Apollo - Success Bias18 Jul 2018
On the 49th anniversary of the Apollo landings (actually that’s in two days - July 20 but I ship this blog every Wednesday), I think it is important to reflect on how different and daring what Neil Armstrong, Buzz Aldrin did when they separated the lander from the command module and descended to the surface of the moon (indeed they almost ran out of fuel and aborted the landing). This is a well told (and televised) story, but this speech, written in anticipation of disaster helps frame the risks that these men took. We always remember the first successful attempt at something because of the publicity it attracts and its later memorialization across our collective memory. This seems unfortunate as it might have the propensity to dull our appreciation of the risk and expectation of difficulty for tasks that we will attempt (at least after some passage of time - major disasters have the tendency to linger). Progress is hard. For every Hillary and Norgay on Everest, there’s a Mallory and Irvine, and for every “one small step for man”, there’s a fire on Apollo I.
It’s probably more appropriate to classify this as a bias towards extremes moreso than a bias towards success. Evolution has ingrained in us a strong appreciation of danger, and we long remember and change our behavior in response to events like terrorist attacks and crime (perhaps a bit too much). For things like summiting large mountains and putting man on the moon, everyday people are sufficiently divorced from the struggle and personal sacrifice required to succeed and failings if not large in scope will probably not be covered as extensively as their complimentary successes (perhaps because covering the status quo is boring). I wonder if the democratization of media through sites like YouTube and the increase in proximity they bring with it will begin to change this . My intuition is that this would lessen but not eliminate the effects as far more people would presumably be exposed to headlines celebrating success than would watch daily or weekly videos.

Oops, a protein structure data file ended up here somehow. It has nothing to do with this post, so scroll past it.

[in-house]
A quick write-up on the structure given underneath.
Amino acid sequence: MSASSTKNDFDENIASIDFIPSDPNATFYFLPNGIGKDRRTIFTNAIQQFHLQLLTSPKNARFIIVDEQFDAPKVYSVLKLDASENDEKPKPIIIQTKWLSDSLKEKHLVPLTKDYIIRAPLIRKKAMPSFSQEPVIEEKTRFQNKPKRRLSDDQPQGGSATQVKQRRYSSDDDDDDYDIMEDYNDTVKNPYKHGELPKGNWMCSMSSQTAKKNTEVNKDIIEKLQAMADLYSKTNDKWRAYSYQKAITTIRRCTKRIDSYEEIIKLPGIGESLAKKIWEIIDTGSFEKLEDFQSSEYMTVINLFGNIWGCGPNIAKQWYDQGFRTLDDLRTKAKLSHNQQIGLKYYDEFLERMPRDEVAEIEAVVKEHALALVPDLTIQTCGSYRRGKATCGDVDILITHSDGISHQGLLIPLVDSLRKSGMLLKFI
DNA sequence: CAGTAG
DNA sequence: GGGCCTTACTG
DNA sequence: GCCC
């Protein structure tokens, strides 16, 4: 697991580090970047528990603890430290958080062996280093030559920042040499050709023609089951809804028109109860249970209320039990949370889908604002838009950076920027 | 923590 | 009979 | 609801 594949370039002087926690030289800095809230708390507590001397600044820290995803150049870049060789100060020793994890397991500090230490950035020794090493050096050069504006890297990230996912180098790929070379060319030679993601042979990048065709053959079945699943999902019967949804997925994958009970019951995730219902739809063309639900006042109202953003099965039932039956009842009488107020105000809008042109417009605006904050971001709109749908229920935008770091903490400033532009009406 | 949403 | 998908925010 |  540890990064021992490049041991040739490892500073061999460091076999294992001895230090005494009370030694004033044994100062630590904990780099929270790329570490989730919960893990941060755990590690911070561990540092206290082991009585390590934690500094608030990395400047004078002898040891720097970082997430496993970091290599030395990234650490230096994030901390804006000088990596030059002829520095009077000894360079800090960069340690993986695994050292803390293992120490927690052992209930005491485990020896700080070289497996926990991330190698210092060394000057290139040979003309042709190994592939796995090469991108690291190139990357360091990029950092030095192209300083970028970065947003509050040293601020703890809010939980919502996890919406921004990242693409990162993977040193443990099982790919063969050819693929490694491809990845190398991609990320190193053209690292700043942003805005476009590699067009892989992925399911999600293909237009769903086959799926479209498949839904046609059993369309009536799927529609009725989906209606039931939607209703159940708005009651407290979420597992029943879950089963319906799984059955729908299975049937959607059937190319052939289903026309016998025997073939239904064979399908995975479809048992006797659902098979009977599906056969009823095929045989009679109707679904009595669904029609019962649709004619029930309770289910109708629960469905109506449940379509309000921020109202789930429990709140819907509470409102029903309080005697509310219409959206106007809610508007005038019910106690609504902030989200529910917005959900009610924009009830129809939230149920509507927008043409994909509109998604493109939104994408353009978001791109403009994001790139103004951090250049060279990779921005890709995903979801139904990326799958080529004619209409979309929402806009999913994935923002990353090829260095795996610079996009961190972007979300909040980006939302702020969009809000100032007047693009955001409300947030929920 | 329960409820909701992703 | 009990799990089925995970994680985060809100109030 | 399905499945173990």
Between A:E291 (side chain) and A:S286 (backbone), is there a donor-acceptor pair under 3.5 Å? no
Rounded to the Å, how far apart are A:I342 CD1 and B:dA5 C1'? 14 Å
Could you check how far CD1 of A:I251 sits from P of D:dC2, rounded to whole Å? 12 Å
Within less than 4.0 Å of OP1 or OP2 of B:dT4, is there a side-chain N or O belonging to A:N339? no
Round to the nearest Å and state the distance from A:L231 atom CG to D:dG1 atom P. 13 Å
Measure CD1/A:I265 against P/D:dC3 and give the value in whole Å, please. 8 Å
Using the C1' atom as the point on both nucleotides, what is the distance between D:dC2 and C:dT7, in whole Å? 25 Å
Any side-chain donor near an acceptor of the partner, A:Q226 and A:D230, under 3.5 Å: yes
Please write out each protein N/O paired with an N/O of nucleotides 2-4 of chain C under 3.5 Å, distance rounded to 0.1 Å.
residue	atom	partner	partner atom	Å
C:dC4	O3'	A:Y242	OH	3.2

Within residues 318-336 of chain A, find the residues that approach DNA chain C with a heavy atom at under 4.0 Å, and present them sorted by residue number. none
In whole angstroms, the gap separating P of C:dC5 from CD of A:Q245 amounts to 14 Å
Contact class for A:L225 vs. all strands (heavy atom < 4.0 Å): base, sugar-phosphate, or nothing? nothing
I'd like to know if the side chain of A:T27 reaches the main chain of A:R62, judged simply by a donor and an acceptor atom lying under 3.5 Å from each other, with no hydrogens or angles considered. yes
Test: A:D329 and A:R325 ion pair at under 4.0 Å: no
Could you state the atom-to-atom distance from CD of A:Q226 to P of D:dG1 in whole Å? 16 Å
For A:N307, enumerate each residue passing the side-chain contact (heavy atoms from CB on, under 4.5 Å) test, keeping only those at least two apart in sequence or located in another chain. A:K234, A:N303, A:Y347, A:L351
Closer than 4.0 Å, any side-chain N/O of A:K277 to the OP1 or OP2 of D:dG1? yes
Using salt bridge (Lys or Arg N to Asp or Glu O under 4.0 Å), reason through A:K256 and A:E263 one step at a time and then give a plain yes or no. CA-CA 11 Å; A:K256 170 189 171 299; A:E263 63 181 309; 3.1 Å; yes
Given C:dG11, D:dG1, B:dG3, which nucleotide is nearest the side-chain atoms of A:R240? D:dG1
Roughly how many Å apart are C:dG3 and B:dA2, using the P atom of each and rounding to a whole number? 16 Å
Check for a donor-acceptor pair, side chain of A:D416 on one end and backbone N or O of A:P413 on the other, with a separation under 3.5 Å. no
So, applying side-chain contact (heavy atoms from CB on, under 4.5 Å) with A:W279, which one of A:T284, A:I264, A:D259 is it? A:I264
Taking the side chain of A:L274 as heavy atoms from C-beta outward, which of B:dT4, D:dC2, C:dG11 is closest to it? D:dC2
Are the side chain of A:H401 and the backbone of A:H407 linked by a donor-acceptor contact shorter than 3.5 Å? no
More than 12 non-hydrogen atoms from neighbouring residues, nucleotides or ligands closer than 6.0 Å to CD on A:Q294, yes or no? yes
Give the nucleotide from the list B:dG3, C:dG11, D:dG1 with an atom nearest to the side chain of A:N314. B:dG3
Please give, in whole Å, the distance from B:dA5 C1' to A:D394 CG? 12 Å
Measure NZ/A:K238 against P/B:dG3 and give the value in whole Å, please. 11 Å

I’m a pretty big data nerd and bayesian at heart so I’m always on the lookout for types of bias that lead our mental models of the world astray. Survivorship bias is one of the most interesting — famously used by statistician Abraham Wald during the Second World War to more accurately determine where armor should be placed on planes bombing Germany (spoiler — don’t fortify the areas of the planes that have bullet holes in them, fortify the areas that are free of them). There are a lot more types of statistical bias that are quite interesting. I like to double check my certainty of understanding events by trying to estimate my exposure to biases like these.
When I cross posted this on my Medium on 07/01/19 I added some reflection:
 People don’t like Nixon for reasonable reasons but have you heard about his Vice President before Gerald Ford - Spiro Agnew? Agnew was a straight up take money in the Oval Office type of crook. MSNBC did a podcast called Bag Man on him.
 In the startup world there’s been a big development of a “hustle porn” culture which fetishizes failure and looking really busy. This feels less like the failures I’m writing about and more like reality TV.
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